White balance performance

I recently ran a few projects with the White balance adjusted(my camera got reset and was on the wrong temperature) and I’m just trying to understand some performance changes i’m seeing here, a normal project for my typical workflow is roughly half realtime on export (17 minutes or so on a 10 minute project I did yesterday) however this particlar filter brings things down to 4 hours on a 20 minute project(that takes roughly 35 without the white balance adjusted) I understand I can use hardware encoding to accelerate the process(it looks like i’m estimating an hour and 50 minutes using the gpu) but I normally leave it off(if I export projects from different systems I get slightly different results using the hardware encoders but the cpu is more consistent)

Is the white balance filter just that hard on the cpu? Or is it one of the single threaded filters? Or am I missing something else enterily from the performance question.

This filter and its integration in MLT is missing an important optimization that prevents it from recomputing its internal LUT twice on every frame!

MLT calls this f0r_set_param_value() function every frame because the values may have changed due to user interactivity or keyframes. This optimization is easy to make in frei0r for the next version.

1 Like

On my 8-core Linux workstation, a 57sec 4K@29.97 fps video took 1:43 to encode using hardware encoder (trying to leave out competition for CPU resources).
Adding the white balance filter without parallel processing increased it to 2:26.
Enabling parallel processing reduced it to 1:40.
Adding the optimization did not change it from 1:40.

On my 8-core/16-thread Windows machine, the same clip took 0:40 to encoder using hardware encoder. (The NVENC encoder is faster than the Intel one I had on Linux.)
Adding the filter without parallel processing increased it to 3:25. I guess the older CPU and memory I have on Windows made it slower. Also, it was reading from a network drive.
Enabling parallel processing reduced it to 1:52.
I confirmed it is using the SSE2-optimized path on Windows.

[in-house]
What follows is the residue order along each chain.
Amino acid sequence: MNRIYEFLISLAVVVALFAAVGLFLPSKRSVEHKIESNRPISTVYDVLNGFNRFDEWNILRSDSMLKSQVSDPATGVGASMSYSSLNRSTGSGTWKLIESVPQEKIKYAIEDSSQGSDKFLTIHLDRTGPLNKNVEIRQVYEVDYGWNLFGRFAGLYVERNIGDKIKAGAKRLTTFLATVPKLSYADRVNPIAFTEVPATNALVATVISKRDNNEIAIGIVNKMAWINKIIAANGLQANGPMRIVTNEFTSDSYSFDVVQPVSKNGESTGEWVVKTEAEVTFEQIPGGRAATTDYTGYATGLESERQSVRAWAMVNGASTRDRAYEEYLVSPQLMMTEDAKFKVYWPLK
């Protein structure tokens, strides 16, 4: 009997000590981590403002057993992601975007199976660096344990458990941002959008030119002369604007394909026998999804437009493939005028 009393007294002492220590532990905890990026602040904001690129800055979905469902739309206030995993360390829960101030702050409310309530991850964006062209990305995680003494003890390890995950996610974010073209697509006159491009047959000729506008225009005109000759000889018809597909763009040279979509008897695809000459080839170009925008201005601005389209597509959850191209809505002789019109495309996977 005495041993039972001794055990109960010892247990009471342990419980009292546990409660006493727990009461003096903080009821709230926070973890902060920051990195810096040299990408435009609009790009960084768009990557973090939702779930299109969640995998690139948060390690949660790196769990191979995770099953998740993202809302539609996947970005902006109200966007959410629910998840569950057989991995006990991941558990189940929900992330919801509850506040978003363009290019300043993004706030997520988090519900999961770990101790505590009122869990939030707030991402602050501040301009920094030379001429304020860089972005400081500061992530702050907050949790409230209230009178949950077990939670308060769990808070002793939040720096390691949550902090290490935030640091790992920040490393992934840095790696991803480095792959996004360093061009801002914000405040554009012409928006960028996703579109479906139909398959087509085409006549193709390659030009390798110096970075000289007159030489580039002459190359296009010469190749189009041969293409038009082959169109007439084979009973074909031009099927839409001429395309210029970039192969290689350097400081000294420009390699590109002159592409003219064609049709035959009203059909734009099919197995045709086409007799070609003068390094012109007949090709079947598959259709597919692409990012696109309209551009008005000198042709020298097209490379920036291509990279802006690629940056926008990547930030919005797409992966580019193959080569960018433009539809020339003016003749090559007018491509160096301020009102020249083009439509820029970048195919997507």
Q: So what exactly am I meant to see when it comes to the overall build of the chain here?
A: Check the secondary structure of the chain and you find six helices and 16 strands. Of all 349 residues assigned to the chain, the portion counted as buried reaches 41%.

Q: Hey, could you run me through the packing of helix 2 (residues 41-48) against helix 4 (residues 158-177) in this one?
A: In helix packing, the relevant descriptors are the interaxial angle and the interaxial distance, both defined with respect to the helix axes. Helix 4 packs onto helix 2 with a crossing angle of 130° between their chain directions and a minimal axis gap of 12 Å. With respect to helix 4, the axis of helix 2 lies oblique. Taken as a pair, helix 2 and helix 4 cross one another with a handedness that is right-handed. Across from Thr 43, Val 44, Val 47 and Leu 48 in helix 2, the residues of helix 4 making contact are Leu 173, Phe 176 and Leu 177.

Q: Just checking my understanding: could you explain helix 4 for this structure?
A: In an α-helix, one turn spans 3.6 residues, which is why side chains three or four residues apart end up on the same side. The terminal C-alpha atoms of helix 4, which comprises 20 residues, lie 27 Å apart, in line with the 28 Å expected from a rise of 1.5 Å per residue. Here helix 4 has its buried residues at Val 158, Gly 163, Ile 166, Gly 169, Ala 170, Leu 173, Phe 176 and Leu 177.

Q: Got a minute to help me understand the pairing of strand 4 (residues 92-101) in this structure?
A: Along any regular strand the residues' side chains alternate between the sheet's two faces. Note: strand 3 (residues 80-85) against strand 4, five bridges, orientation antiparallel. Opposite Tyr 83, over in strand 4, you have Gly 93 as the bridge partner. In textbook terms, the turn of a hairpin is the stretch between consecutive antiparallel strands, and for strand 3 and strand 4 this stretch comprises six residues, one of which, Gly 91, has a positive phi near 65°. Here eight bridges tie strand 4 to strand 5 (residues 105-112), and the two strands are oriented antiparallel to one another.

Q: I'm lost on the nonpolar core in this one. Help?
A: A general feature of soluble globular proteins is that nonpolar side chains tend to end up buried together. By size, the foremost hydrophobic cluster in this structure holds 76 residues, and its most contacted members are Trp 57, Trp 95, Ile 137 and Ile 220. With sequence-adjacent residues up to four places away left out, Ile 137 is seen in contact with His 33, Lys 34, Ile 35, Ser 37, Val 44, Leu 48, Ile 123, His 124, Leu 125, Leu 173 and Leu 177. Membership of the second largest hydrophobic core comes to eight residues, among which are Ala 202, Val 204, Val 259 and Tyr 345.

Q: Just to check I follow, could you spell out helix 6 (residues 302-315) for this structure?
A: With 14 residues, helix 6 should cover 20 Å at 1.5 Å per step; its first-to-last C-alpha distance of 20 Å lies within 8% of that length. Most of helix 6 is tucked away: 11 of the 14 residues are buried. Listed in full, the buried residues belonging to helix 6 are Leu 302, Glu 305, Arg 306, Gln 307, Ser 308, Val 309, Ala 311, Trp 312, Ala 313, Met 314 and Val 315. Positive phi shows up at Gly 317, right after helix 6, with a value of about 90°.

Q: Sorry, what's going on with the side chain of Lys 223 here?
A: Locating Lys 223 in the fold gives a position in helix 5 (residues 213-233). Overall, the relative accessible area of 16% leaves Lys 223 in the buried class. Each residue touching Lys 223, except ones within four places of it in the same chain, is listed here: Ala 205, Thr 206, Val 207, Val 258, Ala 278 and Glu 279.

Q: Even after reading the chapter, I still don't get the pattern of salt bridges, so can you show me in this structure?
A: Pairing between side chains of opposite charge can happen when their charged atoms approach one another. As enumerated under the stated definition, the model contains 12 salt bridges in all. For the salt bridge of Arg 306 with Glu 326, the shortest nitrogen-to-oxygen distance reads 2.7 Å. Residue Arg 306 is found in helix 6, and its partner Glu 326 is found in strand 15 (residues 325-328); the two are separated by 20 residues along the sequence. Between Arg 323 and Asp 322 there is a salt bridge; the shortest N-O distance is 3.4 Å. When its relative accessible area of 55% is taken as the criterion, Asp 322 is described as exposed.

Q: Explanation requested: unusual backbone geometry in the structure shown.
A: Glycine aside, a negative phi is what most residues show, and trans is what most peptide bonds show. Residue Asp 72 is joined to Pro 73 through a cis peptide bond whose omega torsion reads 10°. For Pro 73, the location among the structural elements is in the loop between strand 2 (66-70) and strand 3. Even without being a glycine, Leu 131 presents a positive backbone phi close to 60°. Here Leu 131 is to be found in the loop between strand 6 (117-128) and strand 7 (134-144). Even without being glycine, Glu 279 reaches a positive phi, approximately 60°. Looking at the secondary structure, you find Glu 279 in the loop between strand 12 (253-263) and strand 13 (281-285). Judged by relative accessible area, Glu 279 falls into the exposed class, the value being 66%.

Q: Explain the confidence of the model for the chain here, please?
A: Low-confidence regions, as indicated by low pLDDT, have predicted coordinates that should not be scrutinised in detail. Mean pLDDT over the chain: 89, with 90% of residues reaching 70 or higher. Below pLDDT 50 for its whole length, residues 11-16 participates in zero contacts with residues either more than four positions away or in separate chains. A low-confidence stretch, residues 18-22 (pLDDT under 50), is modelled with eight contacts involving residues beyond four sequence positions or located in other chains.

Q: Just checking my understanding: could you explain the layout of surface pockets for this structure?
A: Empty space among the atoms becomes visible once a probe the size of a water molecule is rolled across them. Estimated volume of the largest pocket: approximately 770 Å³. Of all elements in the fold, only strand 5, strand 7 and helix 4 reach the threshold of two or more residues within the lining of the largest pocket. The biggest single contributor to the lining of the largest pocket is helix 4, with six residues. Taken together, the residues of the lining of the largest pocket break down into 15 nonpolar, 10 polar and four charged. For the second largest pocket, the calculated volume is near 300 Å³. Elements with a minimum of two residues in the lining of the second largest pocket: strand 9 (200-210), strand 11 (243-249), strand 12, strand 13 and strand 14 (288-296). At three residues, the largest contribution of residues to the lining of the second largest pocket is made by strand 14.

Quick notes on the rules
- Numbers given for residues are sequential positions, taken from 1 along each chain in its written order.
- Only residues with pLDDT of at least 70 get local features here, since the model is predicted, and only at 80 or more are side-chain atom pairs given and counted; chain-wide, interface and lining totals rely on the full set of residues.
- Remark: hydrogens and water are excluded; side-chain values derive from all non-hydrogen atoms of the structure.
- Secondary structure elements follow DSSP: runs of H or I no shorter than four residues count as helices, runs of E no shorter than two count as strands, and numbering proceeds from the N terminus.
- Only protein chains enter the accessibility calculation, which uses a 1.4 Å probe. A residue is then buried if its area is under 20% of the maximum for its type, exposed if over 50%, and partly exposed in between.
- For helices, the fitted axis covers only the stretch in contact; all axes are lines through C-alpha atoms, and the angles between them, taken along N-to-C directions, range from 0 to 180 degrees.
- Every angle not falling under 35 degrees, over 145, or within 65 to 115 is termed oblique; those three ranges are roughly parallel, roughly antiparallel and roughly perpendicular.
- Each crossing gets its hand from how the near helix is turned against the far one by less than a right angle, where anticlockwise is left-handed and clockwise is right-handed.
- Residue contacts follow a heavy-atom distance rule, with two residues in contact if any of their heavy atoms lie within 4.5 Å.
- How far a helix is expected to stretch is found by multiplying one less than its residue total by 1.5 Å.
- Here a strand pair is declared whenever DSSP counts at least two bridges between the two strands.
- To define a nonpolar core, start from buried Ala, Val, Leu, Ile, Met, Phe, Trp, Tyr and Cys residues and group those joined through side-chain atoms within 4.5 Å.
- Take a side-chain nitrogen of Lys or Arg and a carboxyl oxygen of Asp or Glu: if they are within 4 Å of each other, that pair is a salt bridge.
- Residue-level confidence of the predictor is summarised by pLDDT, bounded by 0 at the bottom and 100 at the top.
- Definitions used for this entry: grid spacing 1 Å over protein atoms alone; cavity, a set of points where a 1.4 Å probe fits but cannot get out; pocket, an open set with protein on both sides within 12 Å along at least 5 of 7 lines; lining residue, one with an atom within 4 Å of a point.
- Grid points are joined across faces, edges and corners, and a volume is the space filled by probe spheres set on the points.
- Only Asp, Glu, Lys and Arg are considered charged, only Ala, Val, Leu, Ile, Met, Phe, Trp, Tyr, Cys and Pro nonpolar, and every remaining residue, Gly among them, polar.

1 Like

God damn I must have unchecked that when I was testing something for someone else, that brought the estimated time on my export to 1:50(one hour 50 minutes) with it loading my cpu at 50%(so all 12 real cores HT isn’t helping) still a huge increase in time but not nearly as terrible as before(shotcut did gobble up 10Gb of ram which puts a smile on my face too though) I’ll tinker around with nvenc later and see if that improves things further.

Was working on a video yesterday and my main issue was editing with the whitebalance on. It was skipping two or three frames so I turned it off and figured I would enable afterwards. Didn’t even think about it and had some transitions in place and rather than messing trying to setup changes for them as well I just said forget it. Worked on my second video which was just under 9 minutes today and had a much better understanding of it all since I am new to ShotCut. Got everything put together and added whitebalance with a few other things like Hue/Saturation, Brightness, and Contrast. Anyway with NVENC the encode time was about 7 minutes 30 seconds on my system. CPU was about 50% utilization and GPU was about 15% utilization during encoding.

Ryzen 1600 with 4.1Ghz all core OC
32GB DDR4 at 3000Mhz
Gigabyte Aorus GTX1080 Core Clock 2050Mhz
1TB NVME drive - swap disabled, 1TB 5400RPM HDD for temp files, swap enabled, 14GB RAM drive for temp and swap. All files edited were held on FreeNAS pool served with 10Gb fiber-optic, pool 7 X 4TB RaidZ3 total user space 14TB with approx 3.5 TB freespace.
Windows 10 OS

Nice system!

Thanks, I built it after my wife passed away with some cash left over from her burial policy. Every time I sit down at it I get to think of her.

The plan is to jump to the 3900 or something similar in the 4000 series when that drops if they do actually support the X470 boards.

This topic was automatically closed after 90 days. New replies are no longer allowed.